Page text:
University of Oulu

Väyrynen, J. P., Haruki, K., Lau, M. C., Väyrynen, S. A., Zhong, R., Dias Costa, A., Borowsky, J., Zhao, M., Fujiyoshi, K., Arima, K., Twombly, T. S., Kishikawa, J., Gu, S., Aminmozaffari, S., Shi, S., Baba, Y., Akimoto, N., Ugai, T., Da Silva, A., … Nowak, J. A. (2020). The Prognostic Role of Macrophage Polarization in the Colorectal Cancer Microenvironment. Cancer Immunology Research, 9(1), 8–19. https://doi.org/10.1158/2326-6066.cir-20-0527

The prognostic role of macrophage polarization in the colorectal cancer microenvironment

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Author: Väyrynen, Juha P.1,2,3; Haruki, Koichiro2,4; Lau, Mai Chan2;
Organizations: 1Department of Medical Oncology, Dana-Farber Cancer Institute and Harvard Medical School, Boston, MA
2Program in MPE Molecular Pathological Epidemiology, Department of Pathology, Brigham and Women’s Hospital and Harvard Medical School, Boston, MA
3Cancer and Translational Medicine Research Unit, Medical Research Center Oulu, Oulu University Hospital, and University of Oulu, Oulu, Finland
4Department of Surgery, The Jikei University School of Medicine, Tokyo, Japan
5Conjoint Gastroenterology Department, QIMR Berghofer Medical Research Institute, Queensland, Australia
6Department of Epidemiology, Harvard T.H. Chan School of Public Health, Boston, MA
7Breast Tumor Immunology Laboratory, Dana-Farber Cancer Institute, Boston, MA
8Breast Oncology Program, Dana- Farber/Brigham and Women’s Cancer Center, Boston, MA
9Department of Nutrition, Harvard T.H. Chan School of Public Health, Boston, MA
10Clinical and Translational Epidemiology Unit, Massachusetts General Hospital and Harvard Medical School, Boston, MA
11Division of Gastroenterology, Massachusetts General Hospital, Boston, MA
12Channing Division of Network Medicine, Department of Medicine, Brigham and Women’s Hospital and Harvard Medical School, Boston, MA
13Department of Immunology and Infectious Diseases, Harvard T.H. Chan School of Public Health, Boston, MA
14Program in MPE Molecular Pathological Epidemiology, Department of Pathology, Brigham and Women’s Hospital and Harvard Medical School, Boston
15Department of Biostatistics, Harvard T.H. Chan School of Public Health, Boston, MA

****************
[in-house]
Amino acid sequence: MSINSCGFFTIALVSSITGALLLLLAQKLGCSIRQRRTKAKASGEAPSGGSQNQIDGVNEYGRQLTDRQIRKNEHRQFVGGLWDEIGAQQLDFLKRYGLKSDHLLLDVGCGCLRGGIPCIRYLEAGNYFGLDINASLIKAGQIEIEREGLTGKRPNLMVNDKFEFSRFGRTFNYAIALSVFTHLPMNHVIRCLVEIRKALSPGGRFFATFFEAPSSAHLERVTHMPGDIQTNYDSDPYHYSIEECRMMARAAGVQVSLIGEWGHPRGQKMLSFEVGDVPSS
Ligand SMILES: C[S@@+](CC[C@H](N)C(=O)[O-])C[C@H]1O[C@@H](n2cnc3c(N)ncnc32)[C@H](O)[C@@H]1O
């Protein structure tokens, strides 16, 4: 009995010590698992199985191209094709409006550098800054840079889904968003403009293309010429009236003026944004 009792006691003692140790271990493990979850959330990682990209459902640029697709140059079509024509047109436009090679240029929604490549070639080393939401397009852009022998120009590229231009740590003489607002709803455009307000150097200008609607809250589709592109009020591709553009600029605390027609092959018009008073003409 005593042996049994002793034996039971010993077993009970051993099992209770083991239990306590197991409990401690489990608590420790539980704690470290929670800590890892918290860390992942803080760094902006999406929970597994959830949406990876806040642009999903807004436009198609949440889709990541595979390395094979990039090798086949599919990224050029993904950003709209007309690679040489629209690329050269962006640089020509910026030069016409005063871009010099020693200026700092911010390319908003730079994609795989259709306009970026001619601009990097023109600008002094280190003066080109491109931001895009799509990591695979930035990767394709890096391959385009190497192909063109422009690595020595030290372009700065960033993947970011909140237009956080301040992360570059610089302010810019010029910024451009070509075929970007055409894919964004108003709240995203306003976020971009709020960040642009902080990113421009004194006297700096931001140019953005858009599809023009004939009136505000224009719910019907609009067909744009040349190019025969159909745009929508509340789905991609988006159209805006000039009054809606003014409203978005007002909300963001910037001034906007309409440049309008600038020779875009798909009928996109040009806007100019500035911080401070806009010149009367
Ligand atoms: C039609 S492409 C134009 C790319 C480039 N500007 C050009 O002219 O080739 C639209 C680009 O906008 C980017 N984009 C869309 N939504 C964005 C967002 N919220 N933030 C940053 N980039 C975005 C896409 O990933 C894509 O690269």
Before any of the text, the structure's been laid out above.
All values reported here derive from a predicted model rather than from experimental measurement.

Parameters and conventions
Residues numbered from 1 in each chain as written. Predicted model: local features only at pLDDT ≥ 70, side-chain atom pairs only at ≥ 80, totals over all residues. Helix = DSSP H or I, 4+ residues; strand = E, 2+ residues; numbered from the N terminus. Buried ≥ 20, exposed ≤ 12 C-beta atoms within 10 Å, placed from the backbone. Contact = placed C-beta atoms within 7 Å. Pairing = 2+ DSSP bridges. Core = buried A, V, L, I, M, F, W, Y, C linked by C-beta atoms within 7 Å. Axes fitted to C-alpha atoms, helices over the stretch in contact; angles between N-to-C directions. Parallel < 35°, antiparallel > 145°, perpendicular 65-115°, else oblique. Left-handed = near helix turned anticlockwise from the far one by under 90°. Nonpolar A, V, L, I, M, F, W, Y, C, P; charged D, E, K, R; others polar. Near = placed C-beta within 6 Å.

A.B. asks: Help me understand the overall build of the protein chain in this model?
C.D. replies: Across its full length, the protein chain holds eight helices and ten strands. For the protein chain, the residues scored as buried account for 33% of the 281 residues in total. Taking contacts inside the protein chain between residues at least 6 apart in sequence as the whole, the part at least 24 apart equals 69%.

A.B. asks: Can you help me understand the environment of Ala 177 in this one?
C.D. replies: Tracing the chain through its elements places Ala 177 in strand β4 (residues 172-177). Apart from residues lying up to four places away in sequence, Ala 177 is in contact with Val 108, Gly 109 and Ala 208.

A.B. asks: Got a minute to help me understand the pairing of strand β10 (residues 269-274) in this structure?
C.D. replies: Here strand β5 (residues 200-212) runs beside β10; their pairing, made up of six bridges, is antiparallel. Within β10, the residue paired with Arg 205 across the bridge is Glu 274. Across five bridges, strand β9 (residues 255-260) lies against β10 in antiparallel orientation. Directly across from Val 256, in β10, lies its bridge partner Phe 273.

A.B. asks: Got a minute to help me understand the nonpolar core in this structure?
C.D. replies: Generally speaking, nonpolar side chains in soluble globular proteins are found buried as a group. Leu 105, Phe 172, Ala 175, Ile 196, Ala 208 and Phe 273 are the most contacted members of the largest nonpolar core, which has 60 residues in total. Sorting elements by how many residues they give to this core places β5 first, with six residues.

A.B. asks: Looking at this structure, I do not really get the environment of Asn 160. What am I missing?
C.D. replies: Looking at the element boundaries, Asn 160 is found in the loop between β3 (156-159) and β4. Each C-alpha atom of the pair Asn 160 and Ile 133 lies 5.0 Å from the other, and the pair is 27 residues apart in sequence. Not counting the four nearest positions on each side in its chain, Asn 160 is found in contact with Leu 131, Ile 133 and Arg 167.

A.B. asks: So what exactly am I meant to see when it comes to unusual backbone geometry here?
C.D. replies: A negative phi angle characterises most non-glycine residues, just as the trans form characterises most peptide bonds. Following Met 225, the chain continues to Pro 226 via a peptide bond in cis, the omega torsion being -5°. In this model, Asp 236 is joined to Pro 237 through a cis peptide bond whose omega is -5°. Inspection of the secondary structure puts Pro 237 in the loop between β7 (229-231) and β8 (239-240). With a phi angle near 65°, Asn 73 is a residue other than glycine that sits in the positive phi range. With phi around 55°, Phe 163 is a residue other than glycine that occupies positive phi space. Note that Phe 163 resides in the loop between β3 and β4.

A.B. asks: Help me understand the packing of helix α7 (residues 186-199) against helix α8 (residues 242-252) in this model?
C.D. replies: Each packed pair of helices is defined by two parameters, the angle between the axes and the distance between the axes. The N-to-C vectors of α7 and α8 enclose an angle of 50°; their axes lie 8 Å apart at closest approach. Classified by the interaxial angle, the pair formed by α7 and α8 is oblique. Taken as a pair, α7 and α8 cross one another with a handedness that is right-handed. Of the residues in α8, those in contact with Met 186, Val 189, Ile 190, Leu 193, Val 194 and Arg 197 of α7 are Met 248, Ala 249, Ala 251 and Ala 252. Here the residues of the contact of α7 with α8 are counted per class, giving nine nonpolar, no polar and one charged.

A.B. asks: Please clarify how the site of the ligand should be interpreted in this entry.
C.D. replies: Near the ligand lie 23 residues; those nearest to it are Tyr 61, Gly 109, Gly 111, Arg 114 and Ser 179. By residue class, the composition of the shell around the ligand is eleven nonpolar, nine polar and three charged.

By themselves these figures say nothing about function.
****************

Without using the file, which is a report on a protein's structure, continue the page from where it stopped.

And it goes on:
16Yale Cancer Center, New Haven, CT
17Department of Medicine, Yale School of Medicine, New Haven, CT
18Smilow Cancer Hospital, New Haven, CT
19Broad Institute of MIT and Harvard, Cambridge, MA
20Department of Medicine, Brigham and Women’s Hospital and Harvard Medical School, Boston, MA;
21Cancer Immunology and Cancer Epidemiology Programs, Dana-Farber Harvard Cancer Center, Boston, MA
Format: article
Version: accepted version
Access: embargoed
Persistent link: http://urn.fi/urn:nbn:fi-fe2021042311497
Language: English
Published: American Association for Cancer Research, 2021
Publish Date: 2021-10-06
Description:

Abstract

Macrophages are among the most common cells in the colorectal cancer microenvironment, but their prognostic significance is incompletely understood. Using multiplexed immunofluorescence for CD68, CD86, IRF5, MAF, MRC1 (CD206), and KRT (cytokeratins) combined with digital image analysis and machine learning, we assessed the polarization spectrum of tumor-associated macrophages in 931 colorectal carcinomas. We then applied Cox proportional hazards regression to assess prognostic survival associations of intraepithelial and stromal densities of M1-like and M2-like macrophages while controlling for potential confounders, including stage and microsatellite instability status. We found that high tumor stromal density of M2-like macrophages was associated with worse cancer-specific survival, whereas tumor stromal density of M1-like macrophages was not significantly associated with better cancer-specific survival. High M1:M2 density ratio in tumor stroma was associated with better cancer-specific survival. Overall macrophage densities in tumor intraepithelial or stromal regions were not prognostic. These findings suggested that macrophage polarization state, rather than their overall density, was associated with cancer-specific survival, with M1- and M2-like macrophage phenotypes exhibiting distinct prognostic roles. These results highlight the utility of a multimarker strategy to assess the macrophage polarization at single-cell resolution within the tumor microenvironment.